What Is A Healthy Church?


What is a Healthy Church?

A pastor’s most challenging task is to monitor the health of his or her ministry and then lead the ministry to health. The pastor does this by exercising the three pastoral roles of modeling, shepherding, and leading.

Several years ago, I decided to go back to seminary for a doctorate of ministry. I wanted to learn how to be a “doctor” for the church: evaluating health, diagnosing illness, and prescribing a fitness plan and diet. In this article, I will unpack the three elements that cultivate a healthy church culture.

Church health grows out of three concentric circles:
  1. Sound Doctrine
  2. Solid Leaders
  3. Spiritual Members

Sound Doctrine

The church is built upon the Word of God. Scripture defines the purpose, mission, and values of the church. Therefore, a church's highest priority must be sound doctrine.

Throughout the Pastoral Epistles, Paul brings up over and over this idea of “sound doctrine” or “sound teaching” or being “sound in faith.” He is referring to healthy teaching; which, when applied, is profitable for training in righteousness (1 Timothy 3:16). This doctrine is the core of what we believe as Christians. And when we agree on core doctrines, and allow for liberty in secondary issues, we can do a lot of good together.

An elder must… hold firmly to the trustworthy message as it has been taught, so that he can encourage others by sound doctrine and refute those who oppose it. (Titus 1:6–9)

Teach what is appropriate to sound doctrine. (Titus 2:1)

The apostle Paul, in his letter to a young minister, writes "Be a good minister of Christ Jesus, nourished on the truths of the faith and of the good teaching that you have followed. Have nothing to do with godless myths and old wives’ tales; rather, train yourself to be godly" (1 Timothy 4:6-7). In order to be a good minister, this young man must ensure the church anchors itself to the bible. His regular tasks as a pastor must revolve around studying, teaching, and applying the Word of God. Paul challenges him: "Devote yourself to the public reading of Scripture, to preaching and to teaching… Be diligent in these matters; give yourself wholly to them, so that everyone may see your progress. Watch your life and doctrine closely. Persevere in them, because if you do, you will save both yourself and your hearers." (1 Timothy 4:13–16)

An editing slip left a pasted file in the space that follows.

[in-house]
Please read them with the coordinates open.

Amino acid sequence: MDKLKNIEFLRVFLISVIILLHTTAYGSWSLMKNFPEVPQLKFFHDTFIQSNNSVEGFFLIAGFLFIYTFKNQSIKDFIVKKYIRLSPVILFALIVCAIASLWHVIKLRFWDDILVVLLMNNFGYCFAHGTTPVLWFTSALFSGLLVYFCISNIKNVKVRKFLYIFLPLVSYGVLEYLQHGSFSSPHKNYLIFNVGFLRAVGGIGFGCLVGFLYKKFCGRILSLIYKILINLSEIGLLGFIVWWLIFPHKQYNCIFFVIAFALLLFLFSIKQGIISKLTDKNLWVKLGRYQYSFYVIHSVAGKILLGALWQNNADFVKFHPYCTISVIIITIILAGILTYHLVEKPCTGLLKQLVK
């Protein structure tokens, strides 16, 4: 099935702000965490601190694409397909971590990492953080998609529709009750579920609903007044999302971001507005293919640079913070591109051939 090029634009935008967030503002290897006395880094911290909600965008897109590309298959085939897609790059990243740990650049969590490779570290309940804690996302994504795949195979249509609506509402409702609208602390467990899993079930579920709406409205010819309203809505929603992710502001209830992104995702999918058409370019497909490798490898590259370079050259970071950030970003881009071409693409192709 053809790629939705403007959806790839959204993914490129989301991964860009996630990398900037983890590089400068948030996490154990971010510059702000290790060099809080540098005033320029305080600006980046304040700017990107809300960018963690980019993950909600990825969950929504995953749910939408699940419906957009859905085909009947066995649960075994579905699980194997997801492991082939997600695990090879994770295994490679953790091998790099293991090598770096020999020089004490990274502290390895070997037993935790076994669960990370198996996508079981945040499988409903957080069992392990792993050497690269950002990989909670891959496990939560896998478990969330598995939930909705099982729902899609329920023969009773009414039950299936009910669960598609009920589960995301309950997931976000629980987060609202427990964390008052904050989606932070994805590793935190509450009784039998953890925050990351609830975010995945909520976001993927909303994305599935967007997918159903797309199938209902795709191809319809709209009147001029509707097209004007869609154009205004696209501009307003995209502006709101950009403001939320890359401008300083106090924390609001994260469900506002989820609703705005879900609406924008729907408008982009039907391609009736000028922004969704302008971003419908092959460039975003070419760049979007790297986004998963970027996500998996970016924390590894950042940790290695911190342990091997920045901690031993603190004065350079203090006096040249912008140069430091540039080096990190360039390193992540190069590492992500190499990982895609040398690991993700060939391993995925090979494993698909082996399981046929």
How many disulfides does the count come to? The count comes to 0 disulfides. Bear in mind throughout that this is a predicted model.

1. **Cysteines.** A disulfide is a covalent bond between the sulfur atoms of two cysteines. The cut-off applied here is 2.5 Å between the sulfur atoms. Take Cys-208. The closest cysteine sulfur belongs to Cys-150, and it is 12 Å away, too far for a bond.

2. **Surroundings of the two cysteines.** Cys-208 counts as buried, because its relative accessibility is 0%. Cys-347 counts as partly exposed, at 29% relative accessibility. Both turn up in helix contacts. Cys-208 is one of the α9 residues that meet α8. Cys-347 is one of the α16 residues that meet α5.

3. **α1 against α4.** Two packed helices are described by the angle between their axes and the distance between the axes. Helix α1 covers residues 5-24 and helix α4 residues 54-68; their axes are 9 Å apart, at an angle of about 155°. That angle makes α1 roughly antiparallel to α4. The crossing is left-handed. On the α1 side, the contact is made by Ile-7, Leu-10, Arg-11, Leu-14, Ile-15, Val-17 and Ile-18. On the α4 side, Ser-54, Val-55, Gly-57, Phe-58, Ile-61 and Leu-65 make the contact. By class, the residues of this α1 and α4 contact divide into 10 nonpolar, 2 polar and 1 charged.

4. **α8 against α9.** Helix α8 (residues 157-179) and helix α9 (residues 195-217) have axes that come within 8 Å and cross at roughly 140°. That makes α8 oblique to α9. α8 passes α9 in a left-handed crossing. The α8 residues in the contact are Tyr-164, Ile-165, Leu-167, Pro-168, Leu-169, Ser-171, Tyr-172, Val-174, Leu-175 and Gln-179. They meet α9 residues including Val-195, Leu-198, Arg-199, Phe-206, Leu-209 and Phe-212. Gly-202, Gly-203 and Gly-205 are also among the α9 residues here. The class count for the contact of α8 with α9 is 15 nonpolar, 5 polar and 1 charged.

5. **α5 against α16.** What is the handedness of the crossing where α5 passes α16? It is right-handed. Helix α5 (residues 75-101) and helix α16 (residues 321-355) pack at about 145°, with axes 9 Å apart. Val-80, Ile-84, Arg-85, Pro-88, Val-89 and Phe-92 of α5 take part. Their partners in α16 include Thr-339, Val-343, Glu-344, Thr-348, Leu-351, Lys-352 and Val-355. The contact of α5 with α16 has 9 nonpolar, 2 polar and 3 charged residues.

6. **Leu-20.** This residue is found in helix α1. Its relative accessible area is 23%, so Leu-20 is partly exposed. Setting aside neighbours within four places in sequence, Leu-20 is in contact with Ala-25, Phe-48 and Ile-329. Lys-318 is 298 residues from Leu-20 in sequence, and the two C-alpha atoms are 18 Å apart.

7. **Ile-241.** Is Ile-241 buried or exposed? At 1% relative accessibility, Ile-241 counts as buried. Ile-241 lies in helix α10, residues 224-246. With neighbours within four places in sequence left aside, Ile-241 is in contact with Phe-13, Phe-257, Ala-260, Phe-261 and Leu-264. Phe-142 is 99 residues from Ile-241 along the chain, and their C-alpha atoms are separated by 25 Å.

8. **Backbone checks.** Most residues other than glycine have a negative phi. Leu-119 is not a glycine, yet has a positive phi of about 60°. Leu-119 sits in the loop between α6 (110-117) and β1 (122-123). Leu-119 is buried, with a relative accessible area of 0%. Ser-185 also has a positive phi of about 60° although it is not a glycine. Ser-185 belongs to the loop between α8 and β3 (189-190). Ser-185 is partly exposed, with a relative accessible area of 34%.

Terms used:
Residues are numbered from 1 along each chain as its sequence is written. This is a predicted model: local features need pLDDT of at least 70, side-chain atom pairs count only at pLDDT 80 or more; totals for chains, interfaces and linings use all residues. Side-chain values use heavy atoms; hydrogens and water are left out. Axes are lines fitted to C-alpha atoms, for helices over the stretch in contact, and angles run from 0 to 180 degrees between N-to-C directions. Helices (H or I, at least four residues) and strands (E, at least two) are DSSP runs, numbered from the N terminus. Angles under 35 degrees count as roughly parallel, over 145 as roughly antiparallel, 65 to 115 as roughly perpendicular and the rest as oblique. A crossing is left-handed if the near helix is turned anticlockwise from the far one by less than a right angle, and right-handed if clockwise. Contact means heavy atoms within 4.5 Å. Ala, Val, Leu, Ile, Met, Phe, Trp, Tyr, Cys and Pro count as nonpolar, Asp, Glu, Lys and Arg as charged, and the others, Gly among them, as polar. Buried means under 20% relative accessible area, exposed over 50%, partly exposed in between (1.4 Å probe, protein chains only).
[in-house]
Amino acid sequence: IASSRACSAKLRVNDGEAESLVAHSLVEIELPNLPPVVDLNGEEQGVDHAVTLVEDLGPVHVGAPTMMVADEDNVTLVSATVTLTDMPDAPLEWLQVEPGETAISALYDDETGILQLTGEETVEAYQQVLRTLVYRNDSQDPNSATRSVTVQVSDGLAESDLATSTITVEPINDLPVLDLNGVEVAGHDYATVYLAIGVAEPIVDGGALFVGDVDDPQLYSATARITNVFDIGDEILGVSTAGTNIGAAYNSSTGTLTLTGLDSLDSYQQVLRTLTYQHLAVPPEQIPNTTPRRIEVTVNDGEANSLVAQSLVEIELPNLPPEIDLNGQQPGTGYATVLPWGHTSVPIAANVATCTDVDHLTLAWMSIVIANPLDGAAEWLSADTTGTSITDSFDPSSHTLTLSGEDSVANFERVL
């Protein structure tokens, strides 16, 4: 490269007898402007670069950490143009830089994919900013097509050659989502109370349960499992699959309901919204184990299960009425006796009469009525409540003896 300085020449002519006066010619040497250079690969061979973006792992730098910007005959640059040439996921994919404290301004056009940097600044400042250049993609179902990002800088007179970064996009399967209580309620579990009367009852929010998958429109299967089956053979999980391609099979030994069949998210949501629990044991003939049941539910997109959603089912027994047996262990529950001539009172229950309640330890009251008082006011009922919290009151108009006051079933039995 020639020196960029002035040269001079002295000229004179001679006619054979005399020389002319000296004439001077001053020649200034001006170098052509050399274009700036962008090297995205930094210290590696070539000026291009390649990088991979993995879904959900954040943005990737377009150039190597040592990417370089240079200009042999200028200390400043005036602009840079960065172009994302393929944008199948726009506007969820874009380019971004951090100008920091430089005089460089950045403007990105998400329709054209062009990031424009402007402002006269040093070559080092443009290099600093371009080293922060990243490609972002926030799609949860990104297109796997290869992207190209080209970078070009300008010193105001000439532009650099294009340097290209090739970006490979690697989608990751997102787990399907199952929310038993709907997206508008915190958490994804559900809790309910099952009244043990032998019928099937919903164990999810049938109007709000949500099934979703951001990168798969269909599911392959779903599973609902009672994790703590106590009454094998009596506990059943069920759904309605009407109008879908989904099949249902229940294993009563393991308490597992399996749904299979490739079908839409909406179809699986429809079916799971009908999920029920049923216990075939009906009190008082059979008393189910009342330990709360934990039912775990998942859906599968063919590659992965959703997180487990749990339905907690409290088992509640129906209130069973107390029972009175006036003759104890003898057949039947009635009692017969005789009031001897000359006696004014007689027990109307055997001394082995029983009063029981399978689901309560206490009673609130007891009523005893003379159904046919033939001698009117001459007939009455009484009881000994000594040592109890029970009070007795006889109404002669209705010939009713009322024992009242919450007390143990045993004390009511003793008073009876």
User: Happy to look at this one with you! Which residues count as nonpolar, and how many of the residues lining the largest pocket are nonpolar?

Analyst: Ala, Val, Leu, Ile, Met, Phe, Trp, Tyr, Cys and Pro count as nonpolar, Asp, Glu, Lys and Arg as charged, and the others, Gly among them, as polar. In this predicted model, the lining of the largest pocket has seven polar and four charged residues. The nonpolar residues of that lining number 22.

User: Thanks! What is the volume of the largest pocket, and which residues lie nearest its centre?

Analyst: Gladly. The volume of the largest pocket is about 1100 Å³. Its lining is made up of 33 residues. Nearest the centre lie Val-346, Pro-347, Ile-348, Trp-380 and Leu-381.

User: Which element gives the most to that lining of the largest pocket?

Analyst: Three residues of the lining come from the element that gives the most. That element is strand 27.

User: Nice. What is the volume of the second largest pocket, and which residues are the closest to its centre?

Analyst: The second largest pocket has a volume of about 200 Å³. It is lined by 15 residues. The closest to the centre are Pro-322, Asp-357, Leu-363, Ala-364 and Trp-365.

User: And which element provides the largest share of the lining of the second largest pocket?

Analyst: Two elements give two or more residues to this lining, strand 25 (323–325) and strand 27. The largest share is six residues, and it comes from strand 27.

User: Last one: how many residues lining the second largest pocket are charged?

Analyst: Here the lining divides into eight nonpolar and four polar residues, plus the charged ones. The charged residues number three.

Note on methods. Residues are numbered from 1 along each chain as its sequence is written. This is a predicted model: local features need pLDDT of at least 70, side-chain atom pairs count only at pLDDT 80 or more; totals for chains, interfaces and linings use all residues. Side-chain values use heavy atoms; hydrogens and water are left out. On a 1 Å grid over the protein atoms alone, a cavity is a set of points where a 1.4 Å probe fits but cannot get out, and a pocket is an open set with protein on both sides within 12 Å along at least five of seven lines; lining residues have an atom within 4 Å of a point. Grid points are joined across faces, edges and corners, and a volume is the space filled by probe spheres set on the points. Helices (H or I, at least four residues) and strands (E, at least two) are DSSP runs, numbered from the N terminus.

Read how Eugene Peterson describes the significance of Scripture:

“Christian feed on Scripture. Holy Scripture nurtures the holy community as food nurtures the human body. Christian don’t simply learn or study or use Scripture; we assimilate it, take it into our lives in such a way that it gets metabolized into acts of love, cups of cold water, missions into all the world, healing and evangelism and justice in Jesus’ name…” (Eugene Peterson, Eat This Book (2009), 18)

Without a foundation of sound doctrine, a church can never become healthy. A church with liberal theology, shallow teaching, or overemphasis on secondary issues will never reach peak health. But a church that maintains the preeminence of interpreting and applying scripture correctly, and humble enough find unity in essential doctrines while allowing for liberty in non-essential ones, has the proper foundation to grow into a healthy congregation.

Solid Leaders

Leaders in the church set the temperature and pace for the whole congregation. This is why elders are chosen based on their character (1 Timothy 3:1-7; Titus 1:5-8) and pastors are only qualified if they function as a moral, spiritual example for others to follow (1 Timothy 4:12; Titus 2:7).